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Distribution and symmetrical patellofemoral pain patterns as revealed by high-resolution 3D body mapping: a cross-sectional study

Overview of attention for article published in BMC Musculoskeletal Disorders, April 2017
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About this Attention Score

  • In the top 5% of all research outputs scored by Altmetric
  • Among the highest-scoring outputs from this source (#30 of 2,756)
  • High Attention Score compared to outputs of the same age (96th percentile)

Mentioned by

news
4 news outlets
blogs
1 blog
twitter
57 tweeters
facebook
1 Facebook page

Citations

dimensions_citation
13 Dimensions

Readers on

mendeley
65 Mendeley
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Title
Distribution and symmetrical patellofemoral pain patterns as revealed by high-resolution 3D body mapping: a cross-sectional study
Published in
BMC Musculoskeletal Disorders, April 2017
DOI 10.1186/s12891-017-1521-5
Pubmed ID
Authors

S. A. Boudreau, E. N. Kamavuako, M. S. Rathleff

Abstract

Detailed pain mapping of extent and distribution in individuals with patellofemoral pain (PFP) within and around a complex structure such as the knee has yet to be explored. Perceptions of on-going pain from adolescents and young adults (N = 35) with long-standing (>10 months) PFP were collected on high-resolution 3D digital body-schema of the knees. Location, area of pain, pain intensity, laterality, worse side of knee pain, symptom duration, and symmetry in bilateral knee pain were recorded. A threshold for naturally occurring variations in symmetrical knee pain drawings were collected from 18 healthy controls and used in combination with the development a symmetry index (0-1) to create a fuzzy rule for classifying symmetrical and non-symmetrical PFP patterns as compared to a PFP expert. The symmetry index was computed and tested using a correlation coefficient alone or in combination with the Jaccard index and the true and false positive rates (TPR and FPR, respectively) determined. The peripatellar region was the common report of pain location however, novel and nonconforming PFP patterns were identified and the majority of individuals (22 of 27) with bilateral PFP expressed highly-symmetric mirror-image pain. Individuals with symptom duration of 5 years or more had a greater area of pain, compared to those with symptoms for less than 5 years. The total area of pain was correlated to symptom duration for those with extended symptoms durations and a progression towards an "O" shaped pattern emerged. A TPR of 100% for identifying symmetrical knee pain patterns was found however the expert PFP tended to be stricter, as reflected in FPR of 20%. A high proportion of PFP patterns or symptoms occur in mirrored locations and are exceptionally symmetrical, and long duration of symptoms appear to converge to an 'O' shape. Classifying symmetrical pain patterns is subjective however simple fuzzy rules and correlations can be used to increase objectivity. This study highlights a gap in knowledge of PFP symptom presentation, reveals what may be a natural progression of symptoms, and provides valuable clinical insight for both pain management and treatment.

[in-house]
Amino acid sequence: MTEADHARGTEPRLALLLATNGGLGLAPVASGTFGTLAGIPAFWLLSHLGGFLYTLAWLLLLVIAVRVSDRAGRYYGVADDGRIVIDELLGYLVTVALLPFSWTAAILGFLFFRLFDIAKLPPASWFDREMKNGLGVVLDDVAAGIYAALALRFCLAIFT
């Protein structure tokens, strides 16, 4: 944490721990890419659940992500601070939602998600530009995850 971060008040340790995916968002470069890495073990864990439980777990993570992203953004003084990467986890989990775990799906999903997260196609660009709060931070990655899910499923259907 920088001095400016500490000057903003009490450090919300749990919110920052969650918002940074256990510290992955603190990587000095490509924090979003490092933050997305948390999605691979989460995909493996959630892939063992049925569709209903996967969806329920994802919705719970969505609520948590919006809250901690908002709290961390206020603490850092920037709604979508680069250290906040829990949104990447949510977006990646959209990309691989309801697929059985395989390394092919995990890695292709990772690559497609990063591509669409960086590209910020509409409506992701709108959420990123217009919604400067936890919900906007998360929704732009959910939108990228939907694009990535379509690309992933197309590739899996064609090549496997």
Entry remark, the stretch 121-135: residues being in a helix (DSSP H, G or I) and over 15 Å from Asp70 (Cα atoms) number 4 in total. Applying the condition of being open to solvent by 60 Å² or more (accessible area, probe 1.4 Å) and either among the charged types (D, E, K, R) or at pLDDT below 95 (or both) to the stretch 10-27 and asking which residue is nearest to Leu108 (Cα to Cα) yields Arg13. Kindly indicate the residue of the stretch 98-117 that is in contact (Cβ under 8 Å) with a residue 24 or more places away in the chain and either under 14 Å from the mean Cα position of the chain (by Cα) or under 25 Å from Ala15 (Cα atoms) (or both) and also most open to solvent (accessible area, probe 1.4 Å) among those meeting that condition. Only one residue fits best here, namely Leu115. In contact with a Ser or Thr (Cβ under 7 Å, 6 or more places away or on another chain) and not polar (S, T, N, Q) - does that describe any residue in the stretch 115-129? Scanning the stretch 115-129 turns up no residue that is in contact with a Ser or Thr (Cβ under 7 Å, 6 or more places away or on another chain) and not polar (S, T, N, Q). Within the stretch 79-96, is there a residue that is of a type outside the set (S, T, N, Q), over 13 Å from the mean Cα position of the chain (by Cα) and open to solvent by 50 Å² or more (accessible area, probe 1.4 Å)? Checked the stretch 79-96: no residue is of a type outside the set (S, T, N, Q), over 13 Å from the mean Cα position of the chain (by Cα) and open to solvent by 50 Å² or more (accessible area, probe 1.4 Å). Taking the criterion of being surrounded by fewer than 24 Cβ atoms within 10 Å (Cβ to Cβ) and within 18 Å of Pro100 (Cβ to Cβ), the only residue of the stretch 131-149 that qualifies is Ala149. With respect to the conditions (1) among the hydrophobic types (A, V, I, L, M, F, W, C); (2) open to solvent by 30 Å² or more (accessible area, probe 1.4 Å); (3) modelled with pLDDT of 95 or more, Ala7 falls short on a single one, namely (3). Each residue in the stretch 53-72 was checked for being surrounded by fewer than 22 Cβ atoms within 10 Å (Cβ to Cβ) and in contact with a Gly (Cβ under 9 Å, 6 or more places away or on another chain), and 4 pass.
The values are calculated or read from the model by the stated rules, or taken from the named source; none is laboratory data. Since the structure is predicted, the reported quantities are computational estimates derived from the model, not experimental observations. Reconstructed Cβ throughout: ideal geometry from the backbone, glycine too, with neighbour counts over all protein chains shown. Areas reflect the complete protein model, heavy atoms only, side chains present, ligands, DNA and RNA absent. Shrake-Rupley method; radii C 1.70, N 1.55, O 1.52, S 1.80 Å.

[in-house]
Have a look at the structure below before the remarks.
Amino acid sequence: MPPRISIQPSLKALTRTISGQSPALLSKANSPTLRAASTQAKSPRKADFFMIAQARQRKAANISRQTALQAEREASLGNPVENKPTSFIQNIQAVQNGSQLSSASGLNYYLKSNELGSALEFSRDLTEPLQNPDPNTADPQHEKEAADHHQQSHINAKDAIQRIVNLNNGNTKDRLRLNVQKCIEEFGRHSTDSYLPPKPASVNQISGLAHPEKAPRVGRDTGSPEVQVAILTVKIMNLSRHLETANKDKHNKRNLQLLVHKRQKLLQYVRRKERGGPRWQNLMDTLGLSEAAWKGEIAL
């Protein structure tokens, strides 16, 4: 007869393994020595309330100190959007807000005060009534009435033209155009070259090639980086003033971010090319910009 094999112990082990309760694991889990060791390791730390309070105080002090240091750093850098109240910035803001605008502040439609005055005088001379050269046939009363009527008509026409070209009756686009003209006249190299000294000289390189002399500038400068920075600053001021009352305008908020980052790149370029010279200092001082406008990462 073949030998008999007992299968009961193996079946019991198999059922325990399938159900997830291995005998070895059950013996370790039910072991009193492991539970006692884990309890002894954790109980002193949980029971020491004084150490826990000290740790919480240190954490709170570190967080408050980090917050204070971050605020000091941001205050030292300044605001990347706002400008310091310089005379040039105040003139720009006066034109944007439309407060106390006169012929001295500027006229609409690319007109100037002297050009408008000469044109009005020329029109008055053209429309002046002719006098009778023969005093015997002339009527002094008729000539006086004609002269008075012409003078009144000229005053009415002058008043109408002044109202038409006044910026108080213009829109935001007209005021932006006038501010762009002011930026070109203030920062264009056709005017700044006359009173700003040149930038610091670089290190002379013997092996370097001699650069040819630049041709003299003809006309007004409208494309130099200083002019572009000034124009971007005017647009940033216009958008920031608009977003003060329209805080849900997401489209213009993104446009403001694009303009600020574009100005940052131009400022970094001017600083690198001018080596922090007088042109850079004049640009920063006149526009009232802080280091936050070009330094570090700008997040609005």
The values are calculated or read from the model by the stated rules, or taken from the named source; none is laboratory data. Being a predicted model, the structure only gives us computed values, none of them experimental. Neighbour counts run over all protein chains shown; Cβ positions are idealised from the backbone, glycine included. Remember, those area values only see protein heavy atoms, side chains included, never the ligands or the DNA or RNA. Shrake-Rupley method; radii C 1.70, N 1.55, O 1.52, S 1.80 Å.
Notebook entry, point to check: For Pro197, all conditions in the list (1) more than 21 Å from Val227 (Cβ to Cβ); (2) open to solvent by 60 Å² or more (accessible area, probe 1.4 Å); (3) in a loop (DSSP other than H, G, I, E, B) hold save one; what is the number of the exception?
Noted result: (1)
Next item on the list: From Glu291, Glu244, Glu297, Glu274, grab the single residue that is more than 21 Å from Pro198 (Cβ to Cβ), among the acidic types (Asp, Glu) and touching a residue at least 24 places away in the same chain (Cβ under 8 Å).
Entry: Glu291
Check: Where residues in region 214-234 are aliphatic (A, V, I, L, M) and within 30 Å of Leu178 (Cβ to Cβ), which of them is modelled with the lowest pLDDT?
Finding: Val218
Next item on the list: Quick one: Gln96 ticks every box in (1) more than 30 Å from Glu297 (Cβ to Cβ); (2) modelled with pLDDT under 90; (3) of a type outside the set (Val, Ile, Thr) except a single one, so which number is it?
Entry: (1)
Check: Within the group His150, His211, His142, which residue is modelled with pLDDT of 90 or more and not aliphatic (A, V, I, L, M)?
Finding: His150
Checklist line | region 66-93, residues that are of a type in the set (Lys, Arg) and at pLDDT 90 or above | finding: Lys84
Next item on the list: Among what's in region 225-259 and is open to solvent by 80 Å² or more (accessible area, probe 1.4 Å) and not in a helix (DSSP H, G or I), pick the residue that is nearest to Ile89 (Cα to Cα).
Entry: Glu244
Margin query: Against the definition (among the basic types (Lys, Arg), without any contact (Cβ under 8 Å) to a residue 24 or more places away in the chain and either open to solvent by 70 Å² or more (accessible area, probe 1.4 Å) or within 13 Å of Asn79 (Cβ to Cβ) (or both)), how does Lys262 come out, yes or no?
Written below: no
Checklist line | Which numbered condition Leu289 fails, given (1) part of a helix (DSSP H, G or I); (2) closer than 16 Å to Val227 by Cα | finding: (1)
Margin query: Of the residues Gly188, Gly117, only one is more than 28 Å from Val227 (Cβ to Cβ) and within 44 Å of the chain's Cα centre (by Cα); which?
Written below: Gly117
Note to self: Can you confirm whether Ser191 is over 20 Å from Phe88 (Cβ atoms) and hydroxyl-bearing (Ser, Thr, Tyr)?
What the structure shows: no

Twitter Demographics

The data shown below were collected from the profiles of 57 tweeters who shared this research output. Click here to find out more about how the information was compiled.

Mendeley readers

The data shown below were compiled from readership statistics for 65 Mendeley readers of this research output. Click here to see the associated Mendeley record.

Geographical breakdown

Country Count As %
Italy 1 2%
Australia 1 2%
Unknown 63 97%

Demographic breakdown

Readers by professional status Count As %
Student > Master 15 23%
Student > Bachelor 13 20%
Student > Ph. D. Student 8 12%
Other 4 6%
Student > Postgraduate 4 6%
Other 11 17%
Unknown 10 15%
Readers by discipline Count As %
Nursing and Health Professions 16 25%
Medicine and Dentistry 16 25%
Engineering 5 8%
Unspecified 2 3%
Agricultural and Biological Sciences 2 3%
Other 7 11%
Unknown 17 26%

Attention Score in Context

This research output has an Altmetric Attention Score of 69. This is our high-level measure of the quality and quantity of online attention that it has received. This Attention Score, as well as the ranking and number of research outputs shown below, was calculated when the research output was last mentioned on 27 May 2018.
All research outputs
#256,912
of 13,860,232 outputs
Outputs from BMC Musculoskeletal Disorders
#30
of 2,756 outputs
Outputs of similar age
#10,219
of 264,676 outputs
Outputs of similar age from BMC Musculoskeletal Disorders
#1
of 1 outputs
Altmetric has tracked 13,860,232 research outputs across all sources so far. Compared to these this one has done particularly well and is in the 98th percentile: it's in the top 5% of all research outputs ever tracked by Altmetric.
So far Altmetric has tracked 2,756 research outputs from this source. They typically receive a little more attention than average, with a mean Attention Score of 6.1. This one has done particularly well, scoring higher than 98% of its peers.
Older research outputs will score higher simply because they've had more time to accumulate mentions. To account for age we can compare this Altmetric Attention Score to the 264,676 tracked outputs that were published within six weeks on either side of this one in any source. This one has done particularly well, scoring higher than 96% of its contemporaries.
We're also able to compare this research output to 1 others from the same source and published within six weeks on either side of this one. This one has scored higher than all of them